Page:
As I write this, the Thomas Fire is still ravaging Ventura County, California. Three lessons need to be taken away:
- Gather your own intel,
- Be ready to go if it gets close, even if the threat seems remote; and,
- Live miles away from brushy or forested areas at risk of fire.
This gives people more time to evacuate with more of their possessions, or at least have better comfort about the fire. The more information that is available allows people to make better decisions in real time, rather than wait until the water is so high they need to crawl on the roof.
I believe that many more members of the public could have been informed and evacuated their homes with more than the clothes on their backs if the fire fighters communicated early concerns about the foothills of Ventura being threatened hours before it happened. It’s not so much the information; it’s the urgency, how it’s said. Reverse 911 is often treated as the boy who called wolf. People roll their eyes until the strike team arrives in the cul-de-sac, the deputies beat on the door, and the bushes in the back yard start to smoke.
Familiarity Breeds Contempt
Far too many people take evacuation warnings as routine. No one in the middle of a housing tract thinks their house will burn. Instead of regarding an evacuation as an inconvenience, what if the now-homeless understood they would have only what they packed up that night? If you have the chance, do you want to flee with as much of your stuff as possible, or just a suitcase or even your Bug-Out-Bag?
Also, the power went out for roughly 300-500k people. This was area wide, from Ventura County to Santa Barbara. In some areas, cell service was out or the Internet was slow. In a worse scenario, there may have been no cell phones, no Broadcastify, and no Twitter. To top it off, the local radio stations were on auto-play, and many young people are clueless about going to AM radio. This is the 21st Century and EMP hasn’t hit yet; we shouldn’t be spreading news via word-of-mouth, digital or otherwise, and running scared in the dark. Get your Ham license as well and program a handie-talkie to communicate with your friends, family, and community.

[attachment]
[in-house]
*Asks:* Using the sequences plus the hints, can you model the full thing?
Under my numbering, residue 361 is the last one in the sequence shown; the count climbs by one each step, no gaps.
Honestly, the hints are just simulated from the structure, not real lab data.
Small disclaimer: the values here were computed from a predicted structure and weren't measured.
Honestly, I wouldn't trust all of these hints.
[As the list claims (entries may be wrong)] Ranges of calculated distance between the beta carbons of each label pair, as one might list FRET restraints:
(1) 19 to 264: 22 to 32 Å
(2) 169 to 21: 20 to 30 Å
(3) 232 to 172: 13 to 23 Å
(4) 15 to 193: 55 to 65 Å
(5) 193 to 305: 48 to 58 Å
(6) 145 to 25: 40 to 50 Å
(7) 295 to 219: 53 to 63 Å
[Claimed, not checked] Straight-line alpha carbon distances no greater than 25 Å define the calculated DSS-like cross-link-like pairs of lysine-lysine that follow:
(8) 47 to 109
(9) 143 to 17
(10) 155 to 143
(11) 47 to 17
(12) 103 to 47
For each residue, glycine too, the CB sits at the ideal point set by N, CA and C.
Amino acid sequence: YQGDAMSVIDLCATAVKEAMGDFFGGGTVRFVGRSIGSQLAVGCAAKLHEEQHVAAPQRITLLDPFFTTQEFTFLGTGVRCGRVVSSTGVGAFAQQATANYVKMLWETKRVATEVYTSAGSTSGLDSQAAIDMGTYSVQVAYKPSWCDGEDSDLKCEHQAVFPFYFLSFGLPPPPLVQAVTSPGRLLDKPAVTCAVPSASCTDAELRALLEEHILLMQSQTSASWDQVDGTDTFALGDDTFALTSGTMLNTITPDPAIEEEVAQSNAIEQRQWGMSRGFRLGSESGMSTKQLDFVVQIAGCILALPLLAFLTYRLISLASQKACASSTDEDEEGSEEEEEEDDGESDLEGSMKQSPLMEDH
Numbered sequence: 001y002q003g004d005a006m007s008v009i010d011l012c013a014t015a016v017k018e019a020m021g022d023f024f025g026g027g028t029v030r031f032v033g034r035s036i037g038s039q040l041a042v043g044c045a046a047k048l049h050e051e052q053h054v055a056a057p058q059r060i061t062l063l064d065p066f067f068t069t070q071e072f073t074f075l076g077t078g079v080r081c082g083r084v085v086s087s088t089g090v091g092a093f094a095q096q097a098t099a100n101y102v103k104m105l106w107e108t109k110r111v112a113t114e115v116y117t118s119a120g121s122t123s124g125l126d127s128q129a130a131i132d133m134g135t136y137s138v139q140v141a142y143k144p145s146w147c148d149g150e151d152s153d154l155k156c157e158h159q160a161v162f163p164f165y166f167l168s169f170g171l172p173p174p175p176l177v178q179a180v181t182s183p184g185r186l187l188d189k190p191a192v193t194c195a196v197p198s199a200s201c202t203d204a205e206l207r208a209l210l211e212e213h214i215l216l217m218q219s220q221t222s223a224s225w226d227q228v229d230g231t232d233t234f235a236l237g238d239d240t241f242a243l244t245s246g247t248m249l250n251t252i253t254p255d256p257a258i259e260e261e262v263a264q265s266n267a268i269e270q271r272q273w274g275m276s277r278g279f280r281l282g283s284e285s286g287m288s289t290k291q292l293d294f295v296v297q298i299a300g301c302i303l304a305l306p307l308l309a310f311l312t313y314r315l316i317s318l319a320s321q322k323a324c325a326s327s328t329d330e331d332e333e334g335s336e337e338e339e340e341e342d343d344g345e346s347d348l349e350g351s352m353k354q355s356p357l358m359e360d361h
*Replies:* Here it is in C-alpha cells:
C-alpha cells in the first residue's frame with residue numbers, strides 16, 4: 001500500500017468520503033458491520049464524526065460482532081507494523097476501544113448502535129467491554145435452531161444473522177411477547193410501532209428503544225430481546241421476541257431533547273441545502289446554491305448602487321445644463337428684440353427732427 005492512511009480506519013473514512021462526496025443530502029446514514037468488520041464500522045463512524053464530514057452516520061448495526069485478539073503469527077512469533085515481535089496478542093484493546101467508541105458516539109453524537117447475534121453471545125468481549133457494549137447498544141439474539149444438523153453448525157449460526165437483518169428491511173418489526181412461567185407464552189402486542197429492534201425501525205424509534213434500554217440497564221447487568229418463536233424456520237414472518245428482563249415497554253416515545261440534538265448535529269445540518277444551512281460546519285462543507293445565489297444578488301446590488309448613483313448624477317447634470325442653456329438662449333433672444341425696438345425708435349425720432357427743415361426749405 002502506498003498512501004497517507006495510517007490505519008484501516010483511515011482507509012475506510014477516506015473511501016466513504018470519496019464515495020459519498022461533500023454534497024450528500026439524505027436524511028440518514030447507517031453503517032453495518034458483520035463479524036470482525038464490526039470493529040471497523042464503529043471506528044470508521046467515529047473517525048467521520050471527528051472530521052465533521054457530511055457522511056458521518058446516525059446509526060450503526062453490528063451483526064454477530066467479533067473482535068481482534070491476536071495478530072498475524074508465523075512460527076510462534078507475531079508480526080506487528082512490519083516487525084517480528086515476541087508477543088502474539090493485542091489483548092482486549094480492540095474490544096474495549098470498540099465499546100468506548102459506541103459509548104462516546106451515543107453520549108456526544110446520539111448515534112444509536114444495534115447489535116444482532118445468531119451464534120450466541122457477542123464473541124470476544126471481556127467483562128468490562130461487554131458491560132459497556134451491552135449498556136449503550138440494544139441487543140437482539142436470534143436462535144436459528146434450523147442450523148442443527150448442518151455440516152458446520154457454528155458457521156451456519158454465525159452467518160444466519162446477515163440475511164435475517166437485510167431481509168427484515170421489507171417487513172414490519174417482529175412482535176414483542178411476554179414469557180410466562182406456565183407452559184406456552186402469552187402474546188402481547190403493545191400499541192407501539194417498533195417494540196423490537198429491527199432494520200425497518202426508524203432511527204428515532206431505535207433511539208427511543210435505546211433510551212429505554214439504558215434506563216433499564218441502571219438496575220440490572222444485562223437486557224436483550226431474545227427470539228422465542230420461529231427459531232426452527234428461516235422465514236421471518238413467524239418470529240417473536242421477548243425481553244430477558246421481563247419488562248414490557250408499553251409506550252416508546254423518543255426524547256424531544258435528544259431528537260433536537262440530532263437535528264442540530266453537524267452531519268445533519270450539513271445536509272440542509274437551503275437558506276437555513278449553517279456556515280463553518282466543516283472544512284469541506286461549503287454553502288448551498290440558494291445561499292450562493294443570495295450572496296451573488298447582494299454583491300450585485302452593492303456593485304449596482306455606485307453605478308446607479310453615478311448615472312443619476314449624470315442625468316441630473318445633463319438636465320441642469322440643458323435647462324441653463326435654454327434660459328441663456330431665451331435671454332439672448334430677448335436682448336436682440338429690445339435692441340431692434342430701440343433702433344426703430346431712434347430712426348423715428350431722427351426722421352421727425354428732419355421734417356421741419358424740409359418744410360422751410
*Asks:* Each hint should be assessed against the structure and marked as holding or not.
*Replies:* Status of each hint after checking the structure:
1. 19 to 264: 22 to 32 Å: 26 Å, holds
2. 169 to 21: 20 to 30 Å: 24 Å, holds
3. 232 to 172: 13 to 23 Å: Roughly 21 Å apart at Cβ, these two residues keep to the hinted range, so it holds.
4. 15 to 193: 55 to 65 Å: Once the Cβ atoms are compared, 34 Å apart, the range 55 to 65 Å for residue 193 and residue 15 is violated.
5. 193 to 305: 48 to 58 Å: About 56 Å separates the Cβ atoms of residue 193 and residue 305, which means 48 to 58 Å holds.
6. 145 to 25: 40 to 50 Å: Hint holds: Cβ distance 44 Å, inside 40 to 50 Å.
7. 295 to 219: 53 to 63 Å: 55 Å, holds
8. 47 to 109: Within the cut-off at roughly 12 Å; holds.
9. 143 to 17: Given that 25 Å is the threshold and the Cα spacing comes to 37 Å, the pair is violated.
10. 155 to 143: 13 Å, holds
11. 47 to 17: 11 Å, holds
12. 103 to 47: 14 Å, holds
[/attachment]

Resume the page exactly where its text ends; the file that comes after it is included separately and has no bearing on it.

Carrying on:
Get a Scanner
I’d advise preppers to get a scanner and not just the app. Get a trunking scanner like the Home Patrol II that does the work for you or at least know the frequencies and the radio plan in your area. Listen in and know your geography. If the fire fighters are describing a fire that’s closing a 10-15 mile gap in a matter of a few hours and saying it’s going to hit your housing tract while it’s still 10 miles out, it’s probably very, very bad.
My advice to local government is to Tweet and post online updates early and often. Too much information is better than too little. Ultimately, despite the best efforts of emergency services, there are Black Swan disasters that overwhelm everyone. You are often on your own more than you know. It is your responsibility to gather your own intel on the emergency and decide accordingly.
As for home sites for fire survival, live in flat areas well away from major fuel sources or in a modern, well built house (or development) that is not filled with tall, old trees, dense yards, and older less fire-resistant houses. The 2013 Springs Fire wasn’t horrific because the neighborhood it burned around consisted of modern fire-resistant homes, landscaping was well-maintained, brush clearance was good, and the development was well spread with good defensible spaces.
Thanks, – G.C.